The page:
Inuit, First Nations, Métis orgs wanted NAHO wound up, letter says
Aboriginal org bosses wanted three ethnically “distinct” bodies
The Assembly of First Nations, the Métis National Council and the Inuit Tapirisat of Canada asked federal Health Minister Leona Aglukkaq this past November to terminate the National Aboriginal Health Organization, a letter obtained by Nunatsiaq News reveals. (View the letter embedded at bottom of this page.)
“It is clear that the only viable option for advancing First Nations, Inuit and Métis health is to wind down NAHO and work with us to create three legal entities…,” the letter said.
The letter, dated Nov. 28, 2011 and addressed to Aglukkaq, is signed by ITK president Mary Simon, AFN national chief Shawn A-in-chut Atleo, and Clément Chartier, president of the Métis National Council.
The contents of the letter appear to corroborate Aglukkaq’s explanation for Health Canada’s decision to cut NAHO’s funding and close the organization down by June 30.
Aglukkaq told CBC North radio April 10 that NAHO suffered from “governance” issues and that the national aboriginal organizations wanted the organization shut down.
In their letter to Aglukkaq, the three groups said they want NAHO replaced by three ethnically distinct health research organizations that would be “accountable to the respective peoples.”
Their letter claimed that replacing NAHO with three separate centres would create “cost-efficiencies and savings,” but supplied no financial analysis in the letter to support that assertion.
But Simon, Atleo and Chartier are clear on one issue: they are all opposed to what they call “a pan-Aboriginal governance context.”
“In our views, the members of NAHO have been unable to arrive at a model that is acceptable to us as members,” the letter said.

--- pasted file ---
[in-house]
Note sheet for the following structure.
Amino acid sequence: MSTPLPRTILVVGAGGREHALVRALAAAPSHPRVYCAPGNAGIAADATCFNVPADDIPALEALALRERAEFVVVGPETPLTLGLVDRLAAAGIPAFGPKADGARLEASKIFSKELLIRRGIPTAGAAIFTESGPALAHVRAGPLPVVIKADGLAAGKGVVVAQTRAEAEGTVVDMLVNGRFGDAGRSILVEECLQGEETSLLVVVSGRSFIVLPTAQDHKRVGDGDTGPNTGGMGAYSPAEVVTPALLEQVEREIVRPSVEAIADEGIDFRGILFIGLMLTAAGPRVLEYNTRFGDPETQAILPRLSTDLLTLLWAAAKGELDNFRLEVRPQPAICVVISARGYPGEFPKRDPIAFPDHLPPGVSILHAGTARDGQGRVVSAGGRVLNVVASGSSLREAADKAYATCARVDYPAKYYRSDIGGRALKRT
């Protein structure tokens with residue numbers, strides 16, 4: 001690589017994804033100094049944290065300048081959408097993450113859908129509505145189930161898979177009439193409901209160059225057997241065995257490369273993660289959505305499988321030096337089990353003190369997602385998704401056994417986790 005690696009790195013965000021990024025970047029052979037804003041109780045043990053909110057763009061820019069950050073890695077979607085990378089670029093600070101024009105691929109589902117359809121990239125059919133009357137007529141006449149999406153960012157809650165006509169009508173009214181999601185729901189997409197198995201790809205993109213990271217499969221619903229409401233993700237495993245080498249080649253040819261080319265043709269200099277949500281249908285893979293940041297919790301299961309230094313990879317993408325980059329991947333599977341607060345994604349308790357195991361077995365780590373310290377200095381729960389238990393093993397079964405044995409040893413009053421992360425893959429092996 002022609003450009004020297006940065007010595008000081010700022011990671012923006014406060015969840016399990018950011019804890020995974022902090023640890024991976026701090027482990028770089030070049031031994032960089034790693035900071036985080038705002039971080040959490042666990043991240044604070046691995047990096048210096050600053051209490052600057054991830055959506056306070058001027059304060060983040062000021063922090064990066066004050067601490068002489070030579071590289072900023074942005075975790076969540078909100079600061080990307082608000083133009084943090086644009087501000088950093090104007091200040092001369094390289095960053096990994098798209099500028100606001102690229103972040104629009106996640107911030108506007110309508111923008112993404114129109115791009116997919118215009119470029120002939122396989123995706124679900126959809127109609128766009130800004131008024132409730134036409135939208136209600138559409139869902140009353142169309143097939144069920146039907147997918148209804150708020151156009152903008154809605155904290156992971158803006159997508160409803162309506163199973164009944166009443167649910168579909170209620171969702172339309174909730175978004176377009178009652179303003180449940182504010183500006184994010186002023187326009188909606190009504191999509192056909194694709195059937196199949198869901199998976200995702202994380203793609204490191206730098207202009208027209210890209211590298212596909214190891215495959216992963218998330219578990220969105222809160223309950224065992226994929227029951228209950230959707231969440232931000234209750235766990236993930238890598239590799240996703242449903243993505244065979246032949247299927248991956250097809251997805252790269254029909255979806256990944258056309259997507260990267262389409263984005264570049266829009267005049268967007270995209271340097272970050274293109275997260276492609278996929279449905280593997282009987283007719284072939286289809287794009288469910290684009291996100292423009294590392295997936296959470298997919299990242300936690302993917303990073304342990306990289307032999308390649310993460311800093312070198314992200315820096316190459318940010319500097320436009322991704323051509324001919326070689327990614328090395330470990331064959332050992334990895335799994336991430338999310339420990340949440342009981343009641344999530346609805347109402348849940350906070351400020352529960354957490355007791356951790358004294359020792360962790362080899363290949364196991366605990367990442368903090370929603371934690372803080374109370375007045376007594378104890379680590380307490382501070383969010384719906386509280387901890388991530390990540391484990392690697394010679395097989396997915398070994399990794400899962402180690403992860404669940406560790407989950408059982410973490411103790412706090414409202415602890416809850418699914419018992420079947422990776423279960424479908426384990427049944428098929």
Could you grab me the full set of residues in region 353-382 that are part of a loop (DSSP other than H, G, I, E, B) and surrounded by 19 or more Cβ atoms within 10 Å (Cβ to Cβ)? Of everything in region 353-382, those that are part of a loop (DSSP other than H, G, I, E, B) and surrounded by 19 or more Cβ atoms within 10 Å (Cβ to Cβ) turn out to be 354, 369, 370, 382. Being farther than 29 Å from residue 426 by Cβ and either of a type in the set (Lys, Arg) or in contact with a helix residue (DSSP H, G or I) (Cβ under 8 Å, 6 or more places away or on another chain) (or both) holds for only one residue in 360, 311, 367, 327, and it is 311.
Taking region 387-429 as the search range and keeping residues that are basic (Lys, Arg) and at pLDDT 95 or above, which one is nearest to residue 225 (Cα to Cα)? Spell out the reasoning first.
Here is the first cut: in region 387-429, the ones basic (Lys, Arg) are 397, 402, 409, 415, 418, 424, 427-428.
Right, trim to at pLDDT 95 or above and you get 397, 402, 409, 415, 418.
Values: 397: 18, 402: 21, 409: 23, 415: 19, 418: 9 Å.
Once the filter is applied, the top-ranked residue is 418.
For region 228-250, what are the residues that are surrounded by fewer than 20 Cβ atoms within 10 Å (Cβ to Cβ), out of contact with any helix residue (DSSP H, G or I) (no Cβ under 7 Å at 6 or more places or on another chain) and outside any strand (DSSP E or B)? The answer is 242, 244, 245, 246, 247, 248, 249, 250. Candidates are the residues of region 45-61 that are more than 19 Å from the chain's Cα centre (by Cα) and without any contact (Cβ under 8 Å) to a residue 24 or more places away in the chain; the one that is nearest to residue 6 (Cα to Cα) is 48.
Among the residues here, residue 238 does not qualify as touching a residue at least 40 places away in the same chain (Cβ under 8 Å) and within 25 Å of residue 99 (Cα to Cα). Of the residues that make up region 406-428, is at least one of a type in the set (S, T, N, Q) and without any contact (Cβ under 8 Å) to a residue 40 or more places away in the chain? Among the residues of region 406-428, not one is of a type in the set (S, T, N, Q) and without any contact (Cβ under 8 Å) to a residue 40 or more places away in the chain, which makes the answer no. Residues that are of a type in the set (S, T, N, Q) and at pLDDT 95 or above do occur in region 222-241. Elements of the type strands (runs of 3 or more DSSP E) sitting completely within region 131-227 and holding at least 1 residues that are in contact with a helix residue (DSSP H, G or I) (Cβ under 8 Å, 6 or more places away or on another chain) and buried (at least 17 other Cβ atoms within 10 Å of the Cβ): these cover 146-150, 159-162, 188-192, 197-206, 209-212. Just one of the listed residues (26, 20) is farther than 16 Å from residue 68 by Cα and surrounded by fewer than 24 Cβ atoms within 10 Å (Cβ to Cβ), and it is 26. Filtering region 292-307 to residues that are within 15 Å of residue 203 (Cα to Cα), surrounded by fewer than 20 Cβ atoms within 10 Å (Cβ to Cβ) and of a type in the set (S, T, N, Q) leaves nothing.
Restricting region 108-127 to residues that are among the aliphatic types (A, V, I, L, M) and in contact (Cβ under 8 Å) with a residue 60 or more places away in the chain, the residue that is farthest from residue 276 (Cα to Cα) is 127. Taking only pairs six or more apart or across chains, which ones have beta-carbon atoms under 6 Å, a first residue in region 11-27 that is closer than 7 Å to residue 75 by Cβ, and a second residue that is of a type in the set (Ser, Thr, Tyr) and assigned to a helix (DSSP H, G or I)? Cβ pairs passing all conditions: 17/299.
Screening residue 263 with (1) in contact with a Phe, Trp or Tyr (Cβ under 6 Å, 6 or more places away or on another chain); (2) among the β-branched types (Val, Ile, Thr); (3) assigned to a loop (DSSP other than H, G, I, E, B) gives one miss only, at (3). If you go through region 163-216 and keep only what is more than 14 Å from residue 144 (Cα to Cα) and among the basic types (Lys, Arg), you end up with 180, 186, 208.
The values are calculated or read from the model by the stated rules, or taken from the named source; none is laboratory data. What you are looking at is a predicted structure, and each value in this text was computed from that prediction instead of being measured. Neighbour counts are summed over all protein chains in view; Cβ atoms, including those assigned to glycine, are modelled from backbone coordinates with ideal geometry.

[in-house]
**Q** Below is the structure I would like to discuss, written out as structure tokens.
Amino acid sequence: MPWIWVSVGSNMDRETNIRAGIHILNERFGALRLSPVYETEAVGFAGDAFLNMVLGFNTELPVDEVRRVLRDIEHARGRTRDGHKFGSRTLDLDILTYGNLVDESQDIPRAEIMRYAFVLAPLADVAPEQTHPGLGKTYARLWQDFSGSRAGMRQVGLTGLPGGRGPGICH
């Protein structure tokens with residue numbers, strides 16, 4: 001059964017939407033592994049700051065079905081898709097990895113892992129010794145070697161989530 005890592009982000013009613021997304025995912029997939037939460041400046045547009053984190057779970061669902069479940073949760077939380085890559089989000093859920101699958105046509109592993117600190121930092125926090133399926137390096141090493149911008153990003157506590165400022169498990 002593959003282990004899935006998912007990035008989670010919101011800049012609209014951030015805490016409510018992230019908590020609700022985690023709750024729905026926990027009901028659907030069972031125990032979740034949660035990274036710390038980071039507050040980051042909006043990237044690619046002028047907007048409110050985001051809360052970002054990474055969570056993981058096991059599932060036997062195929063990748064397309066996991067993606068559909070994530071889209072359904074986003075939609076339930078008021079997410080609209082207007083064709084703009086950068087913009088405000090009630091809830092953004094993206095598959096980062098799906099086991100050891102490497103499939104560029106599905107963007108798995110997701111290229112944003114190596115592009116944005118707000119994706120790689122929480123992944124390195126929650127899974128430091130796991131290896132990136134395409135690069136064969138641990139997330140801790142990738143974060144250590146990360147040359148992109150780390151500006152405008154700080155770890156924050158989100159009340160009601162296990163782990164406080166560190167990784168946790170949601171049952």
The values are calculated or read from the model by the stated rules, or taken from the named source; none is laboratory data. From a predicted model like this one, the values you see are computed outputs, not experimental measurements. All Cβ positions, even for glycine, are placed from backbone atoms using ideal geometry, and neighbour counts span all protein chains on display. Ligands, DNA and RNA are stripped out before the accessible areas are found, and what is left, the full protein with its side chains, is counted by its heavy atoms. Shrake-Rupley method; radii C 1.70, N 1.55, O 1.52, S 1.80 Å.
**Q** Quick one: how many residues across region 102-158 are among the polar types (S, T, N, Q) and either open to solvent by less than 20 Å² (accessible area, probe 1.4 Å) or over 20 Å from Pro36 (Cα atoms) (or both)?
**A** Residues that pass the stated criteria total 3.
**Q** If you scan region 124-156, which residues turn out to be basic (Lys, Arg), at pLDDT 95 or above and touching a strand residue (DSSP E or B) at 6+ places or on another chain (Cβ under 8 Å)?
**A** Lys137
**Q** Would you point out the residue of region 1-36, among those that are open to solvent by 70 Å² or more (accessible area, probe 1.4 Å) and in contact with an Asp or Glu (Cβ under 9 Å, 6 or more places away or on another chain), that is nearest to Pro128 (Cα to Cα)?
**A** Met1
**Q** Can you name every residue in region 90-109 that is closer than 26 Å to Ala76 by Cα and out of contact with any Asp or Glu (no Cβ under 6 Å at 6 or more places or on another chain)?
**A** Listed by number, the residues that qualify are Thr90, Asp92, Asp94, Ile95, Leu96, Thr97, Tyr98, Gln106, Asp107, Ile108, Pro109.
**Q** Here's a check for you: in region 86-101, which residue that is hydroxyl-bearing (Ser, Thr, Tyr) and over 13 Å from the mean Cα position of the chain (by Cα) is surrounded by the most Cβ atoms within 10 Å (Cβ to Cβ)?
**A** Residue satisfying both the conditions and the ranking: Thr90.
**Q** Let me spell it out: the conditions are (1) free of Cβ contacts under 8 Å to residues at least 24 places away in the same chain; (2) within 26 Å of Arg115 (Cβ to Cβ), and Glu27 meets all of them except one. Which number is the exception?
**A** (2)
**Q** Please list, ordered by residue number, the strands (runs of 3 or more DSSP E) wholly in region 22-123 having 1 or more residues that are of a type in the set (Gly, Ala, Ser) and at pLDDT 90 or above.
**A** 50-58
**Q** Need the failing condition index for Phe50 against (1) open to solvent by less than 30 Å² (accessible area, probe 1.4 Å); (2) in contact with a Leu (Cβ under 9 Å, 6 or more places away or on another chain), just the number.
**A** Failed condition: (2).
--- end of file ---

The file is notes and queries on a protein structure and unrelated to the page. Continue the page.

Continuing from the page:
Another factor appears to have been the longstanding ethnic identity grudge match between the AFN and the Congress of Aboriginal Peoples, which still holds two appointed positions on NAHO’s board.
CAP’s participation in NAHO appears to have been a big problem for the AFN, who voted in December 2009 to withdraw all support for the organization.
In that motion, AFN chiefs called CAP “an illegitimate organization,” citing a declaration to that effect that they had issued in 2007.
The Native Women’s Association of Canada also holds two positions on NAHO’s board.
NAHO has always been divided into three sections: the First Nations Centre, Inuit Tuttarvingat and the Métis Centre, each with its own director and staff.
In a press release Aug. 12, NAHO said their plan to publish a special Inuit issue of the Journal of Aboriginal Health this fall is an example of the “distinction-based” approach they already take.
But the AFN, ITK and MNC objected to a structure that puts those three NAHO centres under a single 12-person board with some sharing of administrative functions
Their letter touts an organizational chart for a new arrangement that would create three separate research organizations, but Ottawa doesn’t seem interested in funding such an arrangement.
Aglukkaq told CBC North that despite cutting 800 jobs at Health Canada, the federal government will continue to support frontline health services and aboriginal health research.
NAHO, founded about 12 years ago, has sponsored academic research on a range of aboriginal health issues and maintains an archive of such research on its website.